Chili II was not like the other goldfish or toads we had tried to keep alive in the small two bedroom duplex we rented for 13 years. He didn’t expire after a couple of months, but seemed to thrive. We weren’t really supposed to have pets in the house, but the landlord defined a “pet” as a dog or cat (or goat, as the case may be—long story, perhaps some other time), so he didn’t seem to mind the goldfish. I learned a lot about maintaining the aquarium, which is probably why Chili II lived as long as he did. I changed the water at least every four weeks and went through several different brands of fresh water aquarium filters before we determined the best model. The Penguin Bio-wheel filter system did a much better job keeping the water clean than any other one we used, so when it became clear that Chili needed a bigger tank, we bought a 10 gallon model with a Penguin Bio-wheel filter. With this tank, I only had to change the water every six weeks, as long as I replaced the filter about every two weeks. It was Nathan’s responsibility to feed the fish every night at bedtime, and he became very good at maintaining the ritual and watching the fish as it responded to the stimulus of feeding time.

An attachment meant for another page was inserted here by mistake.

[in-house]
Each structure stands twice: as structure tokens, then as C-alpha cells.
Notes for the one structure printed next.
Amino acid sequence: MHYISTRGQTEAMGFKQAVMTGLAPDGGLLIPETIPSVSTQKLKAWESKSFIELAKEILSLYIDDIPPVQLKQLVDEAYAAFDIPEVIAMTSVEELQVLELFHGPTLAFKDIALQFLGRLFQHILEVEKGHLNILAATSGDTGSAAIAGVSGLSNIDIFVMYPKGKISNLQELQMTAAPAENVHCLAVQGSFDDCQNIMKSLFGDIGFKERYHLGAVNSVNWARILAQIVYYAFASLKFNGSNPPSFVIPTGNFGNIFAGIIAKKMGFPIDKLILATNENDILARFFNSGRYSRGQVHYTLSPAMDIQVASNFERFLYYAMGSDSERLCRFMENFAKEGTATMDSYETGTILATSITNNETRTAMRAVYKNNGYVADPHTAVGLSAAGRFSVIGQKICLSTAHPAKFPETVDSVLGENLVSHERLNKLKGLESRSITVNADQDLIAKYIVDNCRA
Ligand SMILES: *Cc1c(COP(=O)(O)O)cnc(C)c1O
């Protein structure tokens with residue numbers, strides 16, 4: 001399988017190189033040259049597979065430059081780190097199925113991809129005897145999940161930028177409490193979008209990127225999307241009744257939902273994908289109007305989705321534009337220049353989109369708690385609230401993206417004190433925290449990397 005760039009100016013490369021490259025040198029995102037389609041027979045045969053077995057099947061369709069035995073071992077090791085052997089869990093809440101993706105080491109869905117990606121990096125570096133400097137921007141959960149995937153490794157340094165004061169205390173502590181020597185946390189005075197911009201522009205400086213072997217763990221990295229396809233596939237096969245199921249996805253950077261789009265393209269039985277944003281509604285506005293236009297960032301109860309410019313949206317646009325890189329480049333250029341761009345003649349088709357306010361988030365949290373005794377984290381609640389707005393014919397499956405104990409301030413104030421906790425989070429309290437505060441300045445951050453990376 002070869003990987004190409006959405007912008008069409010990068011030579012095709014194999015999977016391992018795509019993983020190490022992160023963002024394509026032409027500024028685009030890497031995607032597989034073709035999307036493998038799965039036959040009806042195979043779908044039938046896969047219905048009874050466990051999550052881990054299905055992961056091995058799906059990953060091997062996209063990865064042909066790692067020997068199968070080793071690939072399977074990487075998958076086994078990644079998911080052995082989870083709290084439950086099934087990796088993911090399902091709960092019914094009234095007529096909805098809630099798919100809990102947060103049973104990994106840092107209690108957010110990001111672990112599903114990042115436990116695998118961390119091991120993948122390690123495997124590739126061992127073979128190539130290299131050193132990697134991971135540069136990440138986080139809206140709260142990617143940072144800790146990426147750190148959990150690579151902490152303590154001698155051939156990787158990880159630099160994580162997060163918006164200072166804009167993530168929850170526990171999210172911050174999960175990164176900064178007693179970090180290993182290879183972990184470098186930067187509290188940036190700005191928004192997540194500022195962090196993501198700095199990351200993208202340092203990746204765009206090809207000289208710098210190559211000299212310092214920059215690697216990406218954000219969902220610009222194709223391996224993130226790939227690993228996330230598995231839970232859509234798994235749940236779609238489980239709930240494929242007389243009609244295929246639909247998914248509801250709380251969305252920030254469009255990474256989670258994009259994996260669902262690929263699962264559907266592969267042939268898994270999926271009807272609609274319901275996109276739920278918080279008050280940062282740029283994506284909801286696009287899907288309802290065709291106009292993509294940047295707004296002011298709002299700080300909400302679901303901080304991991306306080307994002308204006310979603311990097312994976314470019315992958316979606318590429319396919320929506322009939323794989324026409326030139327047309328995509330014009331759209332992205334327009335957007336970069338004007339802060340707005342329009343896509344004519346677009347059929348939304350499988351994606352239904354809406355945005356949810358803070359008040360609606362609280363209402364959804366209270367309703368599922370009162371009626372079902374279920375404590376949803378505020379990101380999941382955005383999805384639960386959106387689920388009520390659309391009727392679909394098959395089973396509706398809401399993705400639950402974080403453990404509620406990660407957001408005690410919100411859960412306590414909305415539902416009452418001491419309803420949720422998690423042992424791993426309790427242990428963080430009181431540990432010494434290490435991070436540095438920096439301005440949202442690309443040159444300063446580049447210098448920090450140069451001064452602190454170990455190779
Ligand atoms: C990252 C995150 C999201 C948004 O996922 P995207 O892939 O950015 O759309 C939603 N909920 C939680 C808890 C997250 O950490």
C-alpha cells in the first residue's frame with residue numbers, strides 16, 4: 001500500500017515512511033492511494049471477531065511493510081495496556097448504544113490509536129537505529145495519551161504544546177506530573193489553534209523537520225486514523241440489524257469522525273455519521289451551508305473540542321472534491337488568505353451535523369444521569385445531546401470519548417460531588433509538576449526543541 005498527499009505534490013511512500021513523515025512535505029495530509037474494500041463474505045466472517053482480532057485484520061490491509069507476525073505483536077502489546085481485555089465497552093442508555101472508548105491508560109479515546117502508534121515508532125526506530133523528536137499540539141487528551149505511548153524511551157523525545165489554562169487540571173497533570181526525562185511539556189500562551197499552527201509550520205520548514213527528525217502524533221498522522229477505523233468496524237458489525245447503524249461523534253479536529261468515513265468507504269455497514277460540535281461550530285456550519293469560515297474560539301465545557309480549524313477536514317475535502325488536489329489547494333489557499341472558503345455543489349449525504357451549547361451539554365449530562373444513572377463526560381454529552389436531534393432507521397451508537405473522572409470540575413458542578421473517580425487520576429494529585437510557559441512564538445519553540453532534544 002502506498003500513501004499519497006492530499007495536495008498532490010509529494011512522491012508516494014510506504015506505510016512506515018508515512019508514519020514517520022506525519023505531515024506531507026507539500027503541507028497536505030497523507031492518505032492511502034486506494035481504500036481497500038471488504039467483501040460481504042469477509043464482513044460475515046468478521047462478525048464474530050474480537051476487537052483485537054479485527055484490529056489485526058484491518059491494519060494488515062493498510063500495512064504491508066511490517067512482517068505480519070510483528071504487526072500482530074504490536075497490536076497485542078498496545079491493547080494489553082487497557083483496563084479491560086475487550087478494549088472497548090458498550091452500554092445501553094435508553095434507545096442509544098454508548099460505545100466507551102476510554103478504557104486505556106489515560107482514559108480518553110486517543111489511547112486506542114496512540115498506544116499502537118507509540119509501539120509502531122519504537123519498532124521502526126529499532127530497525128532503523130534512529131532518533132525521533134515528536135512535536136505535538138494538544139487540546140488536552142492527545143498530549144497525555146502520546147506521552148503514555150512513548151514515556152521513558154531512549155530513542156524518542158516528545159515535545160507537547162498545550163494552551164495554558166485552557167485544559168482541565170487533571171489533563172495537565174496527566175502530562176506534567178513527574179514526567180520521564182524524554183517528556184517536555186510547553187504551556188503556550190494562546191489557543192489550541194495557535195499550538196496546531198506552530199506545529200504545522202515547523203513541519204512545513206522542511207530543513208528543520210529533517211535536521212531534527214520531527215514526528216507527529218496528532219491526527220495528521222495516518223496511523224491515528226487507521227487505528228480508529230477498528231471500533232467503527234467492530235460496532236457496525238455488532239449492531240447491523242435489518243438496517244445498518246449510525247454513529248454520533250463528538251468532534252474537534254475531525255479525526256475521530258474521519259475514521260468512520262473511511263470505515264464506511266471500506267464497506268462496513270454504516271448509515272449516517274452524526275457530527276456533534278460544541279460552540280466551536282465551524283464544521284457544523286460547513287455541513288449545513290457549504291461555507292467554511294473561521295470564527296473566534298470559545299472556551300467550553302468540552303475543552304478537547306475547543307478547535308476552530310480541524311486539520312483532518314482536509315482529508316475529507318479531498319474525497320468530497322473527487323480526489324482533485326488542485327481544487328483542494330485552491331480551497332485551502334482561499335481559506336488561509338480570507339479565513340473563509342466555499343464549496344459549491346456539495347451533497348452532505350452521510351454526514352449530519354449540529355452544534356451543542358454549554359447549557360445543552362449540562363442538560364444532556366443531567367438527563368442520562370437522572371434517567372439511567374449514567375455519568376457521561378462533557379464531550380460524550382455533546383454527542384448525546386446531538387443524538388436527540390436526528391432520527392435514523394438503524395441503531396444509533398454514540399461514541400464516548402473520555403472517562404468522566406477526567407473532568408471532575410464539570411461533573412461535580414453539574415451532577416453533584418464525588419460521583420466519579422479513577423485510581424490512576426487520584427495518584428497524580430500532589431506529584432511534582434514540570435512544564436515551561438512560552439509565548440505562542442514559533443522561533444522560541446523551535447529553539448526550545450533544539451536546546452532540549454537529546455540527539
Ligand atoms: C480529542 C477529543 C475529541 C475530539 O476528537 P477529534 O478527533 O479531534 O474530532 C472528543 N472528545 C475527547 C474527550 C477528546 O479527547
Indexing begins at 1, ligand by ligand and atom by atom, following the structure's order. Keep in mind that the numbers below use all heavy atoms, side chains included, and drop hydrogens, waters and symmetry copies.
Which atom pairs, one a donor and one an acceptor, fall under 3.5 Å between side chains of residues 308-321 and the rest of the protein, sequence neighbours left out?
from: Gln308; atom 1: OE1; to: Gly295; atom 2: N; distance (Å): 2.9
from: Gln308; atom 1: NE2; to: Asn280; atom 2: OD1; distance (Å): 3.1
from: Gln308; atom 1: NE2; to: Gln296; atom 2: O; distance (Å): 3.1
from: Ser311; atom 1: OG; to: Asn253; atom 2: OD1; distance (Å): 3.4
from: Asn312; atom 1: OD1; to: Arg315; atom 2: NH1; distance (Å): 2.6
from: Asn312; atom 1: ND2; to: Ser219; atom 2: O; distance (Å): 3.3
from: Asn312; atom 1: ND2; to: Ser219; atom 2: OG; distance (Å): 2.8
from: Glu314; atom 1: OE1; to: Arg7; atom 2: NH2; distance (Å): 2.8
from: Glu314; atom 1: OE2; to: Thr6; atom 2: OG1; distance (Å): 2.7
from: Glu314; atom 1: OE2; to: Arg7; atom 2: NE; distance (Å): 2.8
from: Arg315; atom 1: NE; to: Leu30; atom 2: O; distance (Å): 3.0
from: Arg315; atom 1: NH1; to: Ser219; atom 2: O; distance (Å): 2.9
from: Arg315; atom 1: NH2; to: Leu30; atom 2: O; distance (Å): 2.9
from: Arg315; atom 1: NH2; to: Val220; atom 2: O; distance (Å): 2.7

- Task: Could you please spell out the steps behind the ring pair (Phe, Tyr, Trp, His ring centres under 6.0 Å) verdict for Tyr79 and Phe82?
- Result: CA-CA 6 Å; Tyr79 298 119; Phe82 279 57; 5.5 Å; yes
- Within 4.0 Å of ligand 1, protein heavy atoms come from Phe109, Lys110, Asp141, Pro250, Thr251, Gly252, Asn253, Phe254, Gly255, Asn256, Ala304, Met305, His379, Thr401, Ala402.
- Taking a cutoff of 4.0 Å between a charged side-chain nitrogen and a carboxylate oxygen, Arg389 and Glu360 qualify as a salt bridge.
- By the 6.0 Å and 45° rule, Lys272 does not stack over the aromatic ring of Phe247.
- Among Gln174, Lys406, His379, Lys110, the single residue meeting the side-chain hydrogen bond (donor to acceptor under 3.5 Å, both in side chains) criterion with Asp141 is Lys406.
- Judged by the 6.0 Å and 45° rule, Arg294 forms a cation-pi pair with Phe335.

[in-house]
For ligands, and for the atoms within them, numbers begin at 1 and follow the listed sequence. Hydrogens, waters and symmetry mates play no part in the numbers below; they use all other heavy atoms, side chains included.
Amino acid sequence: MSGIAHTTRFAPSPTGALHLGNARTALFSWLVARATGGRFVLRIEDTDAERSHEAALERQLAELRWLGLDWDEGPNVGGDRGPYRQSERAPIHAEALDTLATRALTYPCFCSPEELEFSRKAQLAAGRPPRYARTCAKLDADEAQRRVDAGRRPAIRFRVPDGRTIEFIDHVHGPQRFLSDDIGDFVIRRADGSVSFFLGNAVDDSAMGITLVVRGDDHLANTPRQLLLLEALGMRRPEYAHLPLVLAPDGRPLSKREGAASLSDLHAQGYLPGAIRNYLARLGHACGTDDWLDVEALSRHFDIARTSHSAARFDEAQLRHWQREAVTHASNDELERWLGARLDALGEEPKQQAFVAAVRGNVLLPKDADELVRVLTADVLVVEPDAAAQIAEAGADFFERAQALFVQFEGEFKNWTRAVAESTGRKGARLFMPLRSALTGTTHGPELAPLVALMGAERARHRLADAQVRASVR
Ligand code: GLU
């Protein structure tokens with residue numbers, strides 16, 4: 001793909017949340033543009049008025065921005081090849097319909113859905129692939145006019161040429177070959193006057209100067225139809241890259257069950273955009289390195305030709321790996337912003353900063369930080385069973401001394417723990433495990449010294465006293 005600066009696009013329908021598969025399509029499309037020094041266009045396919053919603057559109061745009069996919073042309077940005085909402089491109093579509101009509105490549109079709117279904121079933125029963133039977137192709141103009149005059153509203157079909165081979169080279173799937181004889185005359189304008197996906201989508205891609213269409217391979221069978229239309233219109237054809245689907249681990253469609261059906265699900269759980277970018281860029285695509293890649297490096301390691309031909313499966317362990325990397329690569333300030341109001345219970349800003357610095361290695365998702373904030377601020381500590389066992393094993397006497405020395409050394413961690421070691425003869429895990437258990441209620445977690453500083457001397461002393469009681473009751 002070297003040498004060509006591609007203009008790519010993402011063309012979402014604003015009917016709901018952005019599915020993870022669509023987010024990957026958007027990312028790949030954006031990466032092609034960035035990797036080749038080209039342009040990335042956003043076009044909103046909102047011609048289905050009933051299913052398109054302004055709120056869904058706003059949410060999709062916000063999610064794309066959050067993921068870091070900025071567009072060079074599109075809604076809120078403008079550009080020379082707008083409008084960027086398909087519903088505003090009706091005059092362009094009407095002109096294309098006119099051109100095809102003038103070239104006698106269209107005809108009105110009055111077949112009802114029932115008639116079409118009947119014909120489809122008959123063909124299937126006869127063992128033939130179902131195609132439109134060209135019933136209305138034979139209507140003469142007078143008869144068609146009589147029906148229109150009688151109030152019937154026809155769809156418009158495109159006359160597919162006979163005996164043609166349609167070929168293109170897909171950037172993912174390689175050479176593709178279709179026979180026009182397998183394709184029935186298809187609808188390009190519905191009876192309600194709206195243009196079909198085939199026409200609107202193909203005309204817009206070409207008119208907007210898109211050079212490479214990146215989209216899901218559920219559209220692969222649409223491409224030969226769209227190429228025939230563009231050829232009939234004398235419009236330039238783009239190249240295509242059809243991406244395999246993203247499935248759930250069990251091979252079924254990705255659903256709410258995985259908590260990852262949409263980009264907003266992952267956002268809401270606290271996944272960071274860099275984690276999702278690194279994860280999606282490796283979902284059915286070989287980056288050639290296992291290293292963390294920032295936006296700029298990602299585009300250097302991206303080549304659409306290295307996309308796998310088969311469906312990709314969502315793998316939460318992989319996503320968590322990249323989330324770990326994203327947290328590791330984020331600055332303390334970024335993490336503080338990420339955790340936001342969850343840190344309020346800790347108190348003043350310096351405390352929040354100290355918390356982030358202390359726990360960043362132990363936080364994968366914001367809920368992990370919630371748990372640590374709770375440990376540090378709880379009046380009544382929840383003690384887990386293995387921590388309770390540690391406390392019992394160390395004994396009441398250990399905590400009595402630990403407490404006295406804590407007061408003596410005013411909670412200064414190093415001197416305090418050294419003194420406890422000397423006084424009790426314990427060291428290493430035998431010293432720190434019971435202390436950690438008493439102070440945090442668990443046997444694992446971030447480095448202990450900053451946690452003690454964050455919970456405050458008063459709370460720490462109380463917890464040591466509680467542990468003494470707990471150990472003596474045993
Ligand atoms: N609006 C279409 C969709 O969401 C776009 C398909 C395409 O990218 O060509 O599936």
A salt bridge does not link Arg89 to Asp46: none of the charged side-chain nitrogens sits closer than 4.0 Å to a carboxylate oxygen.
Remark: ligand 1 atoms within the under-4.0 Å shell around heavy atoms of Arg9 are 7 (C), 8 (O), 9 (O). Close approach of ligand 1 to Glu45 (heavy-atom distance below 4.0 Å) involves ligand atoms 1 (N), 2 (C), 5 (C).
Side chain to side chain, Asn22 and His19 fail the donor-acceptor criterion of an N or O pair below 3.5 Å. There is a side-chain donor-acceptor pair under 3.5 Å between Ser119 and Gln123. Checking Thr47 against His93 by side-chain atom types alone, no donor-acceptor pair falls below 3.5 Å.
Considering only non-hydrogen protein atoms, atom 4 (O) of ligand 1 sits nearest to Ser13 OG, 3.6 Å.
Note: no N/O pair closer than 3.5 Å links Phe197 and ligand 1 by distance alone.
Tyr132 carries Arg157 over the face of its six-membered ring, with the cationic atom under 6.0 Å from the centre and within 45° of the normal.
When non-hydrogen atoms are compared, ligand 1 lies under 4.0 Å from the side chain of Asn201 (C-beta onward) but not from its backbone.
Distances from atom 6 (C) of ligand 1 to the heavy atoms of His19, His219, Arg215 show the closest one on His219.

A fish is not the kind of pet you really bond with, since you can’t take it out of the water to play with it, and it doesn’t respond to the presence of humans unless food is involved, but we became comfortable with Chili II in the family room and he seemed to accept our existence as a necessary part of his life.

When we moved into our new house in 2001, Chili II had grown to a size that required an even larger aquarium. It was hard to call him a goldfish anymore, because he was almost as large as the Koi we saw in ponds all over the Japanese gardens in Portland. Since we had graduated to a larger home, Chili did as well. We transferred him into a spacious 20 gallon mansion when we moved into our new home. And of course, he responded by just growing larger. By the time he died on December 8, 2005, he was at least 7 inches long, and was no longer gold, but appeared pure white.